It is the longest single-span wooden covered bridge remaining in the world


Constructed in 1862 by David Wood as a part of the Virginia Turnpike
Granted National Historic Designation July 14, 1971
California Registered Landmark #390, listed August 26, 1947
American Society of Civil Engineers Historic Civil Engineering Landmark #14-1970
Built to move supplies and people along the Virginia Turnpike toward the gold and silver
fields during the late 1800’s, a vital link to California’s Gold Rush and transportation history
It is the longest single-span wooden covered bridge remaining in the world.

Over the past 155 years the Bridge has suffered from aging and extreme weather conditions creating dry rot of the structural supports, twisting of the arches, and misalignment of the end supports with the possibility of total collapse of the entire Covered Bridge.
An engineering survey conducted in 2011 found structural problems so severe that the Department of Parks and Recreation (DPR) determined that the Bridge had to be closed to all visitor traffic.

Current Status

Temporary stabilization efforts for the Bridge have been completed with a cost of $268,000 (Phase I). The State budgeted $114,500 in 2013-2014 and covered the remaining cost from a fund provided by in-kind match monies identified for hours worked by Volunteer South Yuba River Park Docents. DPR completed the stabilization effort in February 2014.
The restoration project is on schedule. In 2016, following an extensive assessment of the condition of the Bridge and the work needed to completely renovate the structure and raise the Bridge by two feet, a new cost estimate for the work now stands at $3.9 million. This is an increase of $2.6 million over the original $1.3 million in the 2014-15 State Budget.
The initial $1.3 million already allocated is more than sufficient to cover all of the engineering and architectural plans, the assessment and all permitting processes. The engineering and architectural plans are in the final stage of completion. The permitting phase has started with DPR hiring a consultant to shepherd the project through an extensive permit process.
The permit process began in February 2016. The agencies involved include Army Corps of Engineers, California Depart of Fish and Wildlife, Department of Historical Preservation, Caltrans and a CEQA (California Environmental Quality Act) and NEPA (National Environmental Policy Act) processes. The project is proceeding on schedule with a projected completion date in 2019.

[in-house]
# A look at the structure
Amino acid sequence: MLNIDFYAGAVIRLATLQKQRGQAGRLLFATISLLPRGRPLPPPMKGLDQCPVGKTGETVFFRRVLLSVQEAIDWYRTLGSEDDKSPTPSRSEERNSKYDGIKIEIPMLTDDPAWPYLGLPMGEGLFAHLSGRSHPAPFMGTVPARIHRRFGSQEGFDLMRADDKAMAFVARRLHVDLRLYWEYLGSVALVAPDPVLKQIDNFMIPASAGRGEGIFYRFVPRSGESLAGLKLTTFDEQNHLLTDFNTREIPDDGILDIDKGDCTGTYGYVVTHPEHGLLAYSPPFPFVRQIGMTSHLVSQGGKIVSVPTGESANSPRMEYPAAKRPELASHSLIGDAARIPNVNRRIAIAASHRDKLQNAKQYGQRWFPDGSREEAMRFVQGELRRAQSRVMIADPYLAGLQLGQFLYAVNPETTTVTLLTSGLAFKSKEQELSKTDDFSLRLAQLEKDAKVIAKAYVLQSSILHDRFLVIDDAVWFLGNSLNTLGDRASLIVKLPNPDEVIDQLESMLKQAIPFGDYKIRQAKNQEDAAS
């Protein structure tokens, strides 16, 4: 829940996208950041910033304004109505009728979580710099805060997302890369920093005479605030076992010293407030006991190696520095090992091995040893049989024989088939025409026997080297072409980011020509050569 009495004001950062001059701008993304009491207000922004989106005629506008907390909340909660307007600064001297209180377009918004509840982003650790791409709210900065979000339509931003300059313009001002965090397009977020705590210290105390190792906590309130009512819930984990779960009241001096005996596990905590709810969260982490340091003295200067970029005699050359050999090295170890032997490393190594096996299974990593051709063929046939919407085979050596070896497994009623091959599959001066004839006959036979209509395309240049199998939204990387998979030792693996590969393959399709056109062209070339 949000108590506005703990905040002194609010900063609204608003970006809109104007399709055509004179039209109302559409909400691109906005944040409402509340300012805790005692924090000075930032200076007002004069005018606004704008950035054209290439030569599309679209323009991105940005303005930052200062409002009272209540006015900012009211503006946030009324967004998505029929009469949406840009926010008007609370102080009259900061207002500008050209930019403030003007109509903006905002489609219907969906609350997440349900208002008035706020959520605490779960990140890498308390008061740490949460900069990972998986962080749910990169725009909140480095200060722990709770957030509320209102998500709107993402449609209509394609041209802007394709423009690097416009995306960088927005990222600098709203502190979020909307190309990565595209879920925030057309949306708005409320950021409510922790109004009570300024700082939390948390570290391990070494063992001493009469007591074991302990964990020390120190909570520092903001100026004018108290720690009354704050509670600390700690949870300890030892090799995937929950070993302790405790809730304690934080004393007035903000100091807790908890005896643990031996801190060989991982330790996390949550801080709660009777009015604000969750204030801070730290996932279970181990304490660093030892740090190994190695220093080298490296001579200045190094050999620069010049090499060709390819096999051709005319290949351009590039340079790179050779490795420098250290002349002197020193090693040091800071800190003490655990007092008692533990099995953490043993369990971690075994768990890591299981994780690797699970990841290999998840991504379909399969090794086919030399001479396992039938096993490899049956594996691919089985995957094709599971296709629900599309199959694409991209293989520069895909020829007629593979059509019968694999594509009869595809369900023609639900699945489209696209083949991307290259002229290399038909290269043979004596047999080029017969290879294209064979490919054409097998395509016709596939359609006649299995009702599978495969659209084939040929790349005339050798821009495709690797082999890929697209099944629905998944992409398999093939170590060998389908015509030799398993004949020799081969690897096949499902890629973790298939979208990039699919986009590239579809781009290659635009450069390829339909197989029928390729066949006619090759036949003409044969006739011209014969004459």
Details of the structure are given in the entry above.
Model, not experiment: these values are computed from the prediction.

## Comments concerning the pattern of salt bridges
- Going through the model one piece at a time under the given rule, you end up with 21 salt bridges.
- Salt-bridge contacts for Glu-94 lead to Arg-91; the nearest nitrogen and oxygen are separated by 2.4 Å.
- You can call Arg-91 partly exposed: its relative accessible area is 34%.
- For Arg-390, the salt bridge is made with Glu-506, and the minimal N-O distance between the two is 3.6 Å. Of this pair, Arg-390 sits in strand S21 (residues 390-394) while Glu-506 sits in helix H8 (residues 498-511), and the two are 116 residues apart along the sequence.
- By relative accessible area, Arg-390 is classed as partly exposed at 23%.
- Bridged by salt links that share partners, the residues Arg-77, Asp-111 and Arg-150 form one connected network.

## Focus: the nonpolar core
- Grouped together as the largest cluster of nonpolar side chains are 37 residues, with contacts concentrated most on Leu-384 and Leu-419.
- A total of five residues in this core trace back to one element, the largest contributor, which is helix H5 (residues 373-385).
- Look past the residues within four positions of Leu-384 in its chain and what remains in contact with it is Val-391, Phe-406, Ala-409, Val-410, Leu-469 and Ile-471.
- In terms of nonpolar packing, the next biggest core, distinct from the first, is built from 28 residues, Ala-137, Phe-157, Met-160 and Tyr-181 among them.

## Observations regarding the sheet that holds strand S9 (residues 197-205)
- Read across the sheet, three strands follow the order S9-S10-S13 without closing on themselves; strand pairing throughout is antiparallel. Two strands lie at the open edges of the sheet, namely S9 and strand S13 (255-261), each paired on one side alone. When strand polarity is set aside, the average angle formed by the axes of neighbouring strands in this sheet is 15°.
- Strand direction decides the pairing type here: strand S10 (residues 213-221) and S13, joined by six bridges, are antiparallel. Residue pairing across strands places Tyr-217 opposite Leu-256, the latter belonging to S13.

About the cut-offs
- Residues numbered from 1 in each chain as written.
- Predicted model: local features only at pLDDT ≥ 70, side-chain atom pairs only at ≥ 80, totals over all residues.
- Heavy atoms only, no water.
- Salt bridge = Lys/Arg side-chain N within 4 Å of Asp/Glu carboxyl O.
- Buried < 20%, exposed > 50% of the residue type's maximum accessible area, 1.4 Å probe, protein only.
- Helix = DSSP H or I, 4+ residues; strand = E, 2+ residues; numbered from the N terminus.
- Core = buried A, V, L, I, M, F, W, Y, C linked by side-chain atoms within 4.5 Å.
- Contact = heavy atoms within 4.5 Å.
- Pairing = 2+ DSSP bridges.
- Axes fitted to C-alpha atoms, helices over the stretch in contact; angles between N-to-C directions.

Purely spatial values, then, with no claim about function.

Financial Summary

August 2012 engineering estimate $1.1million for immediate repairs.
DPR, working with Caltrans secured $545,000 Federal Grant which required matching funds of $43,000.
South Yuba River Park Association (SYRPA) received $10,000 Grant from California State Parks Foundation and added $20,000 for a donation of $30,000 to the State’s Donor Match Program; creating a fund of $60,000 to secure the Federal Grant.
The Governor’s Proposed 2014 Infrastructure Capital Funding Plan, which was approved by the Legislature, contained a specific line item for the repair and restoration of the Bridge identifying $318,000 for 2014-2015 and $943,000 for 2016-17.
The Legislature approved $1million from Proposition 84 funds and $318,000 from the General Fund in the 2014-15 Budget to commence work on the Renovation Project.

The Governor has allocated $3.226 million in his proposed 2017-2018 budget to complete the project. We will still need to ensure that the Legislative Committees that review the proposed budget fully fund this item.

What You Can Do:

Communicate with your State elected officials expressing your concern and requesting their efforts to ensure that this iconic Bridge project is fully funded and that the Bridge is fully restored.

Please Contact:

Governor Brown website:
Senator Nielsen website:
Senator Gaines website:
Assemblyman Dahle website:

Spread the Word

Make sure your friends, acquaintances, organizations and business contacts are aware of the danger of losing this irreplaceable historic Bridge.

Stay Informed

Check the SYRPA website below for updates on the project and any help that may be needed to ensure the project is funded and completed.
Join the South Yuba River Park Association, see website at: to lend support to the restoration effort and to assist in providing financial and interpretive material support to the Park.